Supernumerary nipples


Supernumerary nipples is the presence of extra nipples.


Extra nipples


Ask the patient when she first noticed the discharge, and determine its duration, extent, quantity, color, consistency, and smell, if any. Has she had other nipple and breast changes, such as pain, tenderness, itching, warmth, changes in contour, and lumps? If she reports a lump, question her about its onset, location, size, and consistency. Obtain a complete gynecologic and obstetric history, and determine her normal menstrual cycle and the date of her last period. Ask if she experiences breast swelling and tenderness, bloating, irritability, headaches, abdominal cramping, nausea, or diarrhea before or during menses. Note the number, date, and outcome of her pregnancies and, if she breast-fed, the approximate time of her last lactation. Also, check for risk factors of breast cancer — family history, previous or current malignancies, nulliparity or first pregnancy after age 30, early menarche, or late menopause. Start your physical examination by characterizing the discharge. If the discharge isn’t frank, try to elicit it. (See Eliciting nipple discharge.) Then examine the nipples and breasts with the patient in four different positions: sitting with her arms at her sides; with her arms overhead; with her hands pressing on her hips; and leaning forward so her breasts are suspended. Check for nipple deviation, flattening, retraction, redness, asymmetry, thickening, excoriation, erosion, or cracking. Inspect her breasts for asymmetry, irregular contours, dimpling, erythema, and peau d’orange. With the patient in a supine position, palpate the breasts and axillae for lumps, giving special attention to the areolae. Note the size, location, delineation, consistency, and mobility of any lump you find. Is the patient taking hormones (hormonal contraceptives or hormone replacement therapy)? Is the discharge spontaneous, or does it have to be expressed?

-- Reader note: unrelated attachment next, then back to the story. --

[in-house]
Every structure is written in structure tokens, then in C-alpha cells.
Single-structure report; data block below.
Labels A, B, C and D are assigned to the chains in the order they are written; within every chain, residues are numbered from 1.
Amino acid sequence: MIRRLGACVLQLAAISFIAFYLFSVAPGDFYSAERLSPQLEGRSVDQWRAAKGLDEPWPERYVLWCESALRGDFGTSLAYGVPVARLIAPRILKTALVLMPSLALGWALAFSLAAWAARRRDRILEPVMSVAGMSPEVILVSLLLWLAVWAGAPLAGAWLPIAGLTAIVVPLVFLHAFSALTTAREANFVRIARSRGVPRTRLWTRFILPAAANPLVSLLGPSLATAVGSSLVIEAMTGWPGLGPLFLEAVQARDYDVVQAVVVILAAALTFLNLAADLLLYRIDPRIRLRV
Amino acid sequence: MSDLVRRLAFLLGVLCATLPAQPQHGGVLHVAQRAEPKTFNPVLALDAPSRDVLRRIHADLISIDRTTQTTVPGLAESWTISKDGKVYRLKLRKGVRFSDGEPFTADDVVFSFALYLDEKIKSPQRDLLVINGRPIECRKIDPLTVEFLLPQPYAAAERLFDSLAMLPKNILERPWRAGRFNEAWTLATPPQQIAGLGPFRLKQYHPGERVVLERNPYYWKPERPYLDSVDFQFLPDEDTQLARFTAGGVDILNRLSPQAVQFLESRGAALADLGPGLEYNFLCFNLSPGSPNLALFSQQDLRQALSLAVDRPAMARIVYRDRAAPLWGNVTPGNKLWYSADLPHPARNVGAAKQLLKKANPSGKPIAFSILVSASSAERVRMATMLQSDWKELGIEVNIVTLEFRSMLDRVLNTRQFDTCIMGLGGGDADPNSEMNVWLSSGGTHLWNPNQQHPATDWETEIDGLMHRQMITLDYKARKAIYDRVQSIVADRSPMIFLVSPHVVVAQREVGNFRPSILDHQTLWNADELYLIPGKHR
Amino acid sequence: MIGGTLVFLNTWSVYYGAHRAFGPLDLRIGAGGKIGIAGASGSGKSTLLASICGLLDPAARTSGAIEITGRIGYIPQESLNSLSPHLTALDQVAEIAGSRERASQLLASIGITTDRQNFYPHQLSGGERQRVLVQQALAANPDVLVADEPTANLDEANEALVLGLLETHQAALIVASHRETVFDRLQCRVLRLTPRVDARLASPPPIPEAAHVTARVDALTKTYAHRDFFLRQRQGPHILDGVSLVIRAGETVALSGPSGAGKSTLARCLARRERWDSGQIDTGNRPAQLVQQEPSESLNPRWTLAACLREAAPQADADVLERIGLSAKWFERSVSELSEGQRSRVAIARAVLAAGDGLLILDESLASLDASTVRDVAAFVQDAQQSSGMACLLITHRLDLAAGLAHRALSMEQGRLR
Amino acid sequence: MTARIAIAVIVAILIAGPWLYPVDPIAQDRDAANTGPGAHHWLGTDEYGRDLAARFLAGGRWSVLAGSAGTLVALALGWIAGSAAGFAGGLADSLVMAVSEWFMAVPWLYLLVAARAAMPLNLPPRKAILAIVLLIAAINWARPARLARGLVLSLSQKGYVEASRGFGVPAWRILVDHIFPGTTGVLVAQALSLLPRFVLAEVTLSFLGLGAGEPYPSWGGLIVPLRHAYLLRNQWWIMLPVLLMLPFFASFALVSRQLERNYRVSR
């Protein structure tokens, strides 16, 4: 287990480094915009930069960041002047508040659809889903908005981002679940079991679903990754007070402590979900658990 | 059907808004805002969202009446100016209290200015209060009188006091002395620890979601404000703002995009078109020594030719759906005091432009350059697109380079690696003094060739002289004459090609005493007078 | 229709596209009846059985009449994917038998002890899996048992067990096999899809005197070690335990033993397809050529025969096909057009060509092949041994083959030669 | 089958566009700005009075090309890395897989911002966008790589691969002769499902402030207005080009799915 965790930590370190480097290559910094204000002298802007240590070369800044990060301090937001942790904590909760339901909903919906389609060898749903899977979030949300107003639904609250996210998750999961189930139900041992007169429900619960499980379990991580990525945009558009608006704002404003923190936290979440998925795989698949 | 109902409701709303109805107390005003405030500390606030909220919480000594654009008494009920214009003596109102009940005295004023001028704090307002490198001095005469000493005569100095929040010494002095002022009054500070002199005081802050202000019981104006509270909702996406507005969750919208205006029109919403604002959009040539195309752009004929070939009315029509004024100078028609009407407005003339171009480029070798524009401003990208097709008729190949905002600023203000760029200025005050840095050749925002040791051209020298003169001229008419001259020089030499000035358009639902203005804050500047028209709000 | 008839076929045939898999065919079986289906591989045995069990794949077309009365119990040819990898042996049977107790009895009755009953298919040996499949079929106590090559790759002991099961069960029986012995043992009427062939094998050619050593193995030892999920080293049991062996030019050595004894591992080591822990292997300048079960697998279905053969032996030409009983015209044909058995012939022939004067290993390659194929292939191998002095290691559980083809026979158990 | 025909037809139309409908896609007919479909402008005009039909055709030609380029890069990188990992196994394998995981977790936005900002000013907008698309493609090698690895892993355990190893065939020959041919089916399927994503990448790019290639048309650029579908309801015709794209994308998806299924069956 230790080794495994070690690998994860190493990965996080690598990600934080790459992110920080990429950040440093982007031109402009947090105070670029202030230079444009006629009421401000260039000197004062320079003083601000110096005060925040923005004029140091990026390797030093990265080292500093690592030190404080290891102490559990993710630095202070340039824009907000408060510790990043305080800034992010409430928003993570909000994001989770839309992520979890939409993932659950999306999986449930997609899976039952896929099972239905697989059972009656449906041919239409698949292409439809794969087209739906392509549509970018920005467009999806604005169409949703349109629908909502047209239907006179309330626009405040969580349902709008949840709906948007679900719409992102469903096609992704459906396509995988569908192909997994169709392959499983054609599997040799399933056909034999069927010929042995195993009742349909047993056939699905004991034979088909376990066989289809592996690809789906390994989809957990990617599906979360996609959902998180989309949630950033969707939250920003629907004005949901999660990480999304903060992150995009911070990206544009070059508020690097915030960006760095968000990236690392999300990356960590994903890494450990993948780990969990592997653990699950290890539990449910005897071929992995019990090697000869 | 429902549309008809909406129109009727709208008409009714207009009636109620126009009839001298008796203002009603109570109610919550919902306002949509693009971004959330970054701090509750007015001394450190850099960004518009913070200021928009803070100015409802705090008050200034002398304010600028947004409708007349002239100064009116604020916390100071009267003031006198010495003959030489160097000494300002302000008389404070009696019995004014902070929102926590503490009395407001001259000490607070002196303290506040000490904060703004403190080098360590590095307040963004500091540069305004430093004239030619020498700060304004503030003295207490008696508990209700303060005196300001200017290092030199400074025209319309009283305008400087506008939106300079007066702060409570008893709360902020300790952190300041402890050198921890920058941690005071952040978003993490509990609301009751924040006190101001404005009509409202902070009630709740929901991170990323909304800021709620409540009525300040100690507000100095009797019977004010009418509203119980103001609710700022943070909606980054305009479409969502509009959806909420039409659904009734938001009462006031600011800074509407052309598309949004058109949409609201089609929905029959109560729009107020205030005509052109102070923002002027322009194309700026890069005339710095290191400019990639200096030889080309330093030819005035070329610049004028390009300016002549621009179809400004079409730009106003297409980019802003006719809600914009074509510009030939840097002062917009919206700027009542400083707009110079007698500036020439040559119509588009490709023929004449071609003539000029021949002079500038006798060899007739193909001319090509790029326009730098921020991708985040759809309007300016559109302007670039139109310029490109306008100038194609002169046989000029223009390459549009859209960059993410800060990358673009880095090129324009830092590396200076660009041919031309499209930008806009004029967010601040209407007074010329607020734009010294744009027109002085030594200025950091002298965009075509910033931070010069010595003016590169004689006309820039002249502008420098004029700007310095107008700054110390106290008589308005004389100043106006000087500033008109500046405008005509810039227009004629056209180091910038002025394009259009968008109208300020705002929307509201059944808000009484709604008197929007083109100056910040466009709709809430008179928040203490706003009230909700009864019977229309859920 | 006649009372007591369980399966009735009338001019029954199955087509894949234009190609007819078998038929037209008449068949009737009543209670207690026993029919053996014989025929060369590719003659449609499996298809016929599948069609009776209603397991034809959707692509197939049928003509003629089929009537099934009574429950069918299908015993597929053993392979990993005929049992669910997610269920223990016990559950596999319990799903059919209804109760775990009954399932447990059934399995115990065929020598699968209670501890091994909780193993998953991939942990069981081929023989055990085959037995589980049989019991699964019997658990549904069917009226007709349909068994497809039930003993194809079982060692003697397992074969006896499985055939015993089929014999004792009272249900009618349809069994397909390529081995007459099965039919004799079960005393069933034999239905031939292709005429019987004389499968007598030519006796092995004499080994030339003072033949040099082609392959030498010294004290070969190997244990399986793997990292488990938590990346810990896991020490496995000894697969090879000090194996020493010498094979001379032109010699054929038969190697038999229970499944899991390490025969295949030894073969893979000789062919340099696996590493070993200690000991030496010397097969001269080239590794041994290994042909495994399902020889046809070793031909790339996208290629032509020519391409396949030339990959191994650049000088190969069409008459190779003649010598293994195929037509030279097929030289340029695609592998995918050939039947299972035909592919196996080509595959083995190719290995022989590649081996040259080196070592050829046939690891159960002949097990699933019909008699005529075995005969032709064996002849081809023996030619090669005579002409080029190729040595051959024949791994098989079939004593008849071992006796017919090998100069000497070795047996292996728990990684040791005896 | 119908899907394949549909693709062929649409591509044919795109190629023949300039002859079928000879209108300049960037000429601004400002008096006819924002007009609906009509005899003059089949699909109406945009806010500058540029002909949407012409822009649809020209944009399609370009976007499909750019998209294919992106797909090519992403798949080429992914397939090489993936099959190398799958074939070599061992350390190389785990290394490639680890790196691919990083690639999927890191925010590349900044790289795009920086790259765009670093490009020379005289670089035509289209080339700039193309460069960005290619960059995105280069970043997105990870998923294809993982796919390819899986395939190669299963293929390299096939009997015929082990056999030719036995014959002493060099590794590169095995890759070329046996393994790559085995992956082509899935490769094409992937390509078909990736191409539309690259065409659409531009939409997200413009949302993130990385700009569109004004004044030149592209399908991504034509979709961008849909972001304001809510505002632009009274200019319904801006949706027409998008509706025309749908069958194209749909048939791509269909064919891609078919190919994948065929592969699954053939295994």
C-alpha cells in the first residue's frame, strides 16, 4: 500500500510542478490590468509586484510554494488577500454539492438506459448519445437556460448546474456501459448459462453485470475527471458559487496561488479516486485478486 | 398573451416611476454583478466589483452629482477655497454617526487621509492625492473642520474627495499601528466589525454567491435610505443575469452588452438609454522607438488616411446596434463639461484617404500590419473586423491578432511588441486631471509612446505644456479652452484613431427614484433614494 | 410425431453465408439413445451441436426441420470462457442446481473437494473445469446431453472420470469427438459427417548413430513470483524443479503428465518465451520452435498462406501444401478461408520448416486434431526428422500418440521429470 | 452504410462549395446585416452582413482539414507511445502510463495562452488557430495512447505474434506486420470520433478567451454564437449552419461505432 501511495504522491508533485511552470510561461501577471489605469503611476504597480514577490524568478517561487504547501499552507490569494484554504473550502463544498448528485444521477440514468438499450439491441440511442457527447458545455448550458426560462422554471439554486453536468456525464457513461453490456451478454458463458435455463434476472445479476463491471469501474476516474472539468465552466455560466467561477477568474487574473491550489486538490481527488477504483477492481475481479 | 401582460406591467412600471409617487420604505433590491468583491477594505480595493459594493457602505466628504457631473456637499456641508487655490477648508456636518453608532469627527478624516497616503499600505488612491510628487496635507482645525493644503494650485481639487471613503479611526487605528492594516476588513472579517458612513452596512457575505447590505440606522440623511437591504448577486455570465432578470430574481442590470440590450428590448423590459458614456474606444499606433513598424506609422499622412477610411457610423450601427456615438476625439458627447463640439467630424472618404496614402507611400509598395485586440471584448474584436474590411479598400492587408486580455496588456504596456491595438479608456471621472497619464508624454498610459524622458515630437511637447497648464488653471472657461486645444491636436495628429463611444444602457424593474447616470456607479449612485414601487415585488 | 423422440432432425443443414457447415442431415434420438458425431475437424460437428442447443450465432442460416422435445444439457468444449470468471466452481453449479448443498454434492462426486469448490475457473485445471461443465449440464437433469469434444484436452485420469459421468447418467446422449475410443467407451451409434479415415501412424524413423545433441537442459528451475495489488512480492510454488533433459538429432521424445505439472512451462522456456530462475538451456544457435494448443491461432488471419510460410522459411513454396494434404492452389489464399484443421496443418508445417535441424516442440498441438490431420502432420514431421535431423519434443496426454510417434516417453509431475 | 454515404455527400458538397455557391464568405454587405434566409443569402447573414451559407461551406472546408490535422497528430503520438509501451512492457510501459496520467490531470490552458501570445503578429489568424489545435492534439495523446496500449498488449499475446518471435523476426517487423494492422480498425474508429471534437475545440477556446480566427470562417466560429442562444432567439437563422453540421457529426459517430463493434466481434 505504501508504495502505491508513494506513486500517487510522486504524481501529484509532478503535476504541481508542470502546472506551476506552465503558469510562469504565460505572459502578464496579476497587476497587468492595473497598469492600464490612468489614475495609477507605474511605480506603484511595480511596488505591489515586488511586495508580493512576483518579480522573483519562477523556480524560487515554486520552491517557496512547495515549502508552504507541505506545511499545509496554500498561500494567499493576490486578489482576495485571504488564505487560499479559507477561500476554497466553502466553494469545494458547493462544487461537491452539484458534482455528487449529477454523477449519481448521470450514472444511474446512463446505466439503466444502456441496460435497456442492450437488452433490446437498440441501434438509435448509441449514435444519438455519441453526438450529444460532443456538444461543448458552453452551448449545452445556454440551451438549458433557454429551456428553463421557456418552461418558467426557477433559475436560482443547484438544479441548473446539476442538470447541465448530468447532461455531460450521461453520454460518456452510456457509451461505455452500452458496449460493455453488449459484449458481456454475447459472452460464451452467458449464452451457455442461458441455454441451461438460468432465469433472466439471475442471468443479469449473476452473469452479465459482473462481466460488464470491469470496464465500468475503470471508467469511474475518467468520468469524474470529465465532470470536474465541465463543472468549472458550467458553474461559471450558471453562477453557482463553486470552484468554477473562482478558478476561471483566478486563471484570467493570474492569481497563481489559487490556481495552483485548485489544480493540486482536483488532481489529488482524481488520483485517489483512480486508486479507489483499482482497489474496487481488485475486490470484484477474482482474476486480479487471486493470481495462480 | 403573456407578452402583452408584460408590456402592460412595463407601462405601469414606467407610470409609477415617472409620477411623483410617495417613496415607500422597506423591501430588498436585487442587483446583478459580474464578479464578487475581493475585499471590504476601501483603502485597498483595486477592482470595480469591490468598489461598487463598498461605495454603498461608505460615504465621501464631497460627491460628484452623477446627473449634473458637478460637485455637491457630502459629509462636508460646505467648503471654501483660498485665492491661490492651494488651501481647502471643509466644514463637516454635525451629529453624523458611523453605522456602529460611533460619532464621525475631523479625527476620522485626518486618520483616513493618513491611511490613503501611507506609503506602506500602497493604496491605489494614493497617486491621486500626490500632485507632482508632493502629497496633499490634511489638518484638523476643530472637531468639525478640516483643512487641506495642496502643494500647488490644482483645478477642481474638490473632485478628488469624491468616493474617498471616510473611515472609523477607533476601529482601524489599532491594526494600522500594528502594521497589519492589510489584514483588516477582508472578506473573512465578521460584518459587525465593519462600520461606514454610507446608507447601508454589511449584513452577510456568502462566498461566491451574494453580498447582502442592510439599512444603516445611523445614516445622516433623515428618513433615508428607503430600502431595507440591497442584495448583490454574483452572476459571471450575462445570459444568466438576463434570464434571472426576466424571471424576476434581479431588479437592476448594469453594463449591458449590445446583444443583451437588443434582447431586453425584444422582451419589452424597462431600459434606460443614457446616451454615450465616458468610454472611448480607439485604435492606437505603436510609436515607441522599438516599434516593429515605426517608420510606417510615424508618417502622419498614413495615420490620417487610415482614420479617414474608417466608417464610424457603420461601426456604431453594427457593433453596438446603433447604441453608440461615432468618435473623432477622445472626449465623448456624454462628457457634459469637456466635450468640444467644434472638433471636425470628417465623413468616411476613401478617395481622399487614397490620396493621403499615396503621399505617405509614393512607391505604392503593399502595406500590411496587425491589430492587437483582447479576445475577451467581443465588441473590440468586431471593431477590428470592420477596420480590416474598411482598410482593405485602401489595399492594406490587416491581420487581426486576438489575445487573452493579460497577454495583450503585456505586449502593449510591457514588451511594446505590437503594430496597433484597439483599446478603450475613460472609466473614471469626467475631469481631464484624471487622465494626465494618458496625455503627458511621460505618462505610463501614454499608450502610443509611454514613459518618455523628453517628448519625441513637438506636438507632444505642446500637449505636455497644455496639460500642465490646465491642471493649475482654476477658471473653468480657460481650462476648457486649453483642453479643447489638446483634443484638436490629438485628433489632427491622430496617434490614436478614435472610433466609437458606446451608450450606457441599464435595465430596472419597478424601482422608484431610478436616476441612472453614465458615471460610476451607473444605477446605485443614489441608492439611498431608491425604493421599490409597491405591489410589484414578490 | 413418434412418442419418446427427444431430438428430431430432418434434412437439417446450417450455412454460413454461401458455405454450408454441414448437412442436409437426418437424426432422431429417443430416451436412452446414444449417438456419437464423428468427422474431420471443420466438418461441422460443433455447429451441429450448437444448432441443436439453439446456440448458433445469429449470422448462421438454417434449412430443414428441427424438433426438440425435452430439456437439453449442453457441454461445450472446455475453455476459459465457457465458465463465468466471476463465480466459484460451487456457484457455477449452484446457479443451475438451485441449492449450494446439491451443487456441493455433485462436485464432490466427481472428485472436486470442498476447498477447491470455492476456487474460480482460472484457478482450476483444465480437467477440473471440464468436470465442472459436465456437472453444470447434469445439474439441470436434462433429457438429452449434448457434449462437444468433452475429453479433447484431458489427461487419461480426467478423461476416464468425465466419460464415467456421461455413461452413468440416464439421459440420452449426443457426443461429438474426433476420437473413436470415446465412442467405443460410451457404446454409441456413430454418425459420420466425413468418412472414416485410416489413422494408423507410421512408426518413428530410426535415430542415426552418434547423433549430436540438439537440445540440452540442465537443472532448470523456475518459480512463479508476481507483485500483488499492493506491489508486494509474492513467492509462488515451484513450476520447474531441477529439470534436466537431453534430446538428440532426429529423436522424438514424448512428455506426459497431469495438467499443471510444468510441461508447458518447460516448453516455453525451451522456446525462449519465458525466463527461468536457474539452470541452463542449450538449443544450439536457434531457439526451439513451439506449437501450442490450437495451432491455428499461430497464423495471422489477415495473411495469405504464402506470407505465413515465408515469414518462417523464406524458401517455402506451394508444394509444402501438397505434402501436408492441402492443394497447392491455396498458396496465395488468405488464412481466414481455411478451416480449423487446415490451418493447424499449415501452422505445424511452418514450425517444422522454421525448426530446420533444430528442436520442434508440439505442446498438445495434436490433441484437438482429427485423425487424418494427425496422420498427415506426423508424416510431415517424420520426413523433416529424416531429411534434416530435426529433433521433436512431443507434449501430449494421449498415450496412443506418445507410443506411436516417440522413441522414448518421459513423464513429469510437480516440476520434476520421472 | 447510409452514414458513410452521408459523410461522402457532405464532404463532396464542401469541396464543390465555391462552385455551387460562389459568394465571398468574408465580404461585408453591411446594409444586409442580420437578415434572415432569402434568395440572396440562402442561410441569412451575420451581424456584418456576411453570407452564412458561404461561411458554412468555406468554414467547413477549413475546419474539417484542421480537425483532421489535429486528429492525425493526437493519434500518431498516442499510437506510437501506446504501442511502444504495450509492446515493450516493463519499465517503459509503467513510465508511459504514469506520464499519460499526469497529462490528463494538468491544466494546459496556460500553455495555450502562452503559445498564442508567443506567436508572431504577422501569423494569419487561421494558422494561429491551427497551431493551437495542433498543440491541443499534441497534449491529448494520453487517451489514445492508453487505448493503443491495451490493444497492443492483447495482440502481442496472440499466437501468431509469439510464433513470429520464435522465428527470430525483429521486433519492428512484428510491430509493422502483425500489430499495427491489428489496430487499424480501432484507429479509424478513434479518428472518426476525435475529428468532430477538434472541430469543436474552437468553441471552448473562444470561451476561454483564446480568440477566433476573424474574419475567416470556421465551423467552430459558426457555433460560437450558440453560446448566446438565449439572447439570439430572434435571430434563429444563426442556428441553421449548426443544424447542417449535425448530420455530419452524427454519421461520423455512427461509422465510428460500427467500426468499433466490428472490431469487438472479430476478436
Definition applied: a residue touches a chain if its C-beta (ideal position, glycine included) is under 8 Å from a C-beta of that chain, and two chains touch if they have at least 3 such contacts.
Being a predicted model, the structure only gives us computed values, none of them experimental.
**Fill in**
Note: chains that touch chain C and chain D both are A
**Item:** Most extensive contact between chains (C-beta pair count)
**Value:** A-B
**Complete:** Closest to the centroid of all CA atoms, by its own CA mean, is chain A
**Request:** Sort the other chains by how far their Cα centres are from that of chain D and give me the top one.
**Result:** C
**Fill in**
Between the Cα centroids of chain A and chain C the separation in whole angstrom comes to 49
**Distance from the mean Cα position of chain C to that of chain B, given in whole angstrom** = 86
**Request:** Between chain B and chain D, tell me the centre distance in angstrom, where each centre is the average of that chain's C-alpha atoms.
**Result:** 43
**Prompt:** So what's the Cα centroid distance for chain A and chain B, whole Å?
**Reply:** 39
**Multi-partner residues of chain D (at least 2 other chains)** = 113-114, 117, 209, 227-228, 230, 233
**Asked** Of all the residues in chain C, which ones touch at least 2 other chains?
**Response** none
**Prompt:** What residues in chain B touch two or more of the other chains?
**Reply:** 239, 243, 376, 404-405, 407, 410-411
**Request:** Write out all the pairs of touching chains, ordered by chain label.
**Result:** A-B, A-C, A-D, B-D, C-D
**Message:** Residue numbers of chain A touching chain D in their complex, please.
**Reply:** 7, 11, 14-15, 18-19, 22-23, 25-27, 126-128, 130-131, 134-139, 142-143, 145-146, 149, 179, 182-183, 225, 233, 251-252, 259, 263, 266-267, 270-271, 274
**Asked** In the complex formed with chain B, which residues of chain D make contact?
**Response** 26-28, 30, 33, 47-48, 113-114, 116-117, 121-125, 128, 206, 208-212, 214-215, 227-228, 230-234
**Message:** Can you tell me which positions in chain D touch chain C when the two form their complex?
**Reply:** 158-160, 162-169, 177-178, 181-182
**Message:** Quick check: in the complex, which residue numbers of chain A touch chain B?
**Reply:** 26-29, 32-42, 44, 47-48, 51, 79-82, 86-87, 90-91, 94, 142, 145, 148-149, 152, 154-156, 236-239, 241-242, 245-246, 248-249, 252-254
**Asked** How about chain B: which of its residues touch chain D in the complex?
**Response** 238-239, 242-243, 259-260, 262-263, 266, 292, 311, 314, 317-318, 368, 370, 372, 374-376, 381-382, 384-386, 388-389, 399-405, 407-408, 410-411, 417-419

Counsel your patient to be aware of discharge characteristics—its consistency (thick or thinning), odor, origin in single or multiple ducts, and relation to the menstrual cycle. If the discharge becomes bloody, instruct the patient to seek medical evaluation. Instruct the patient to perform breast self-examinations and maintain appointments for breast examinations by a physician and mammograms as recommended.